Modern Day Slavery: How Truckers Can Save Lives
The United States was ranked one of the worst places for human trafficking in 2018. It can be hard to believe in our time that human trafficking, or modern day slavery, is still prevalent and thriving throughout our country. There are an estimated hundreds of thousands of victims currently being trafficked. Exact victim count is incredibly difficult to obtain, as trafficking organizations work quickly and discretely.
Every state in the United States has had reports of human trafficking. There are areas where trafficking is reported more than others. California, Texas, Florida, New York, and Las Vegas are five "hot spots". Prevalence of human trafficking in these areas are often due to high tourism rates, high levels of homelessness, and an overall high population count.
While it is essential for every citizen to be aware of signs of human trafficking, truck drivers and fleet managers can have a profound role in reporting cases and saving these victims. TMC has joined forces with the Motor Vehicle Enforcement Division of the Iowa DOT and Truckers Against Trafficking. Truck drivers often have to stop at rest areas, truck stops, and welcome centers; which unfortunately are "hot spot" areas for prostitution and transactions. These areas often involve high amounts of traffic (more customers), and less locals who are knowledgeable in recognizing the faces of human trafficking.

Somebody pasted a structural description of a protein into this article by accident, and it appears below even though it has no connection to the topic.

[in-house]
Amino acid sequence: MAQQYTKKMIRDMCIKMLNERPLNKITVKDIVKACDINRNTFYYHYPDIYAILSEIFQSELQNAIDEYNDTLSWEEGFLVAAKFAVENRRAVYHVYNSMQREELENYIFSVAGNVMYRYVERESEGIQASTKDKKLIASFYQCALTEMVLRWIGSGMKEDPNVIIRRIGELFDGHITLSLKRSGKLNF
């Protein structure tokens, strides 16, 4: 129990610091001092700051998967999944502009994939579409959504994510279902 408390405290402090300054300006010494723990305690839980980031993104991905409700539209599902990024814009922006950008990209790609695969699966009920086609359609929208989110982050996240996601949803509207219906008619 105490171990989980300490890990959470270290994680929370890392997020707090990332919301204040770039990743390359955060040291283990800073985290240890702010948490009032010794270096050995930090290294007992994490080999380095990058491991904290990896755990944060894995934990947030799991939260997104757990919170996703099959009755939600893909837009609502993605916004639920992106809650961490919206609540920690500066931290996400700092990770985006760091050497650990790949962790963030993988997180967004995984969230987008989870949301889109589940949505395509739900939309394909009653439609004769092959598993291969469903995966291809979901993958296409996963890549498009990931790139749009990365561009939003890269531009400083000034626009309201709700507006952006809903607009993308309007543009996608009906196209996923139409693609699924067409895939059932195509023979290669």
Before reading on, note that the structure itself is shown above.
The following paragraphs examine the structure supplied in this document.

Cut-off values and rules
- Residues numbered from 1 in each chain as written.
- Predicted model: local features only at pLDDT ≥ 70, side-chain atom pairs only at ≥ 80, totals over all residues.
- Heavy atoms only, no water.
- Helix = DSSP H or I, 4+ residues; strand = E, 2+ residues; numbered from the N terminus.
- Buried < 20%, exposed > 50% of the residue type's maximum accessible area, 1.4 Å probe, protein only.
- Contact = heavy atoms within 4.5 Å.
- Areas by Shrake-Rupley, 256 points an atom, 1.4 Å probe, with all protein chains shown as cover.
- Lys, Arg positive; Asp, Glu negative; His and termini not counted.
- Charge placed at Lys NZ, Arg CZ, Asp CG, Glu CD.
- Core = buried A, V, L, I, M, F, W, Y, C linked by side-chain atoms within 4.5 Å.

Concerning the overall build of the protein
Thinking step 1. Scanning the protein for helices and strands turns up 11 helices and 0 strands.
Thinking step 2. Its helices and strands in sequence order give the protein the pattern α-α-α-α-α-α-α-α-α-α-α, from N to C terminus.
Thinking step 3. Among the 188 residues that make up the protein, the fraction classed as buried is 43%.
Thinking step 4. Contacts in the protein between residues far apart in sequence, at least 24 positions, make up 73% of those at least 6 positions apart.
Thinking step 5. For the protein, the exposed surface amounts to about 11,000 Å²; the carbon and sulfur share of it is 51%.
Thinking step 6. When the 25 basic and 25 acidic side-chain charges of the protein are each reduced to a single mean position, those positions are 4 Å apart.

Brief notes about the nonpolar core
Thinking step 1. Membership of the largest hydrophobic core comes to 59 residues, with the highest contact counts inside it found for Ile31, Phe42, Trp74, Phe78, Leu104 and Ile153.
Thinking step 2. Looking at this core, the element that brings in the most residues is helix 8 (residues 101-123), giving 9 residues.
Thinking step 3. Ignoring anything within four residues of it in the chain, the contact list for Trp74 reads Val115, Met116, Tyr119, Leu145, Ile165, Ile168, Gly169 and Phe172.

Truck drivers should understand that children are often more popular victims than adults and to look out for these common warning signs when identifying human trafficking and its victims.
- Someone being controlled by another person (i.e. not in charge of their own belongings such as money)
- Distressed face, looking lost or confused, hesitant and meek-mannered
- Indications of abuse (bruising, cuts, etc.) or drug addiction
Time is of the essence when dealing with a suspected trafficking transaction or sighting. Do not approach traffickers. Immediately notify a truck stop employee or manager and then call 911. After calling law enforcement, the Human Trafficking Hotline is available and staffed all hours of the day, seen days a week. Please provide "actionable information," such as descriptions of cars (make, model, and license plate), the people involved (hair color, approximate age/height/weight), specific times or dates, and the location where the suspicious activity took place.
Traveling to many different areas gives truck drivers a great advantage of being able to spot victims of human trafficking. As truck drivers are alert to the road they travel down, alertness at "hot spot" locations is important in the fight of modern day slavery. With the United States being one of the most trafficked countries, truck drivers can make a difference in many lives by staying alert and knowing the signs.
The Human Trafficking Hotline can be reached at: 1-888-373-7888.
Learn more at: truckersagainsttrafficking.org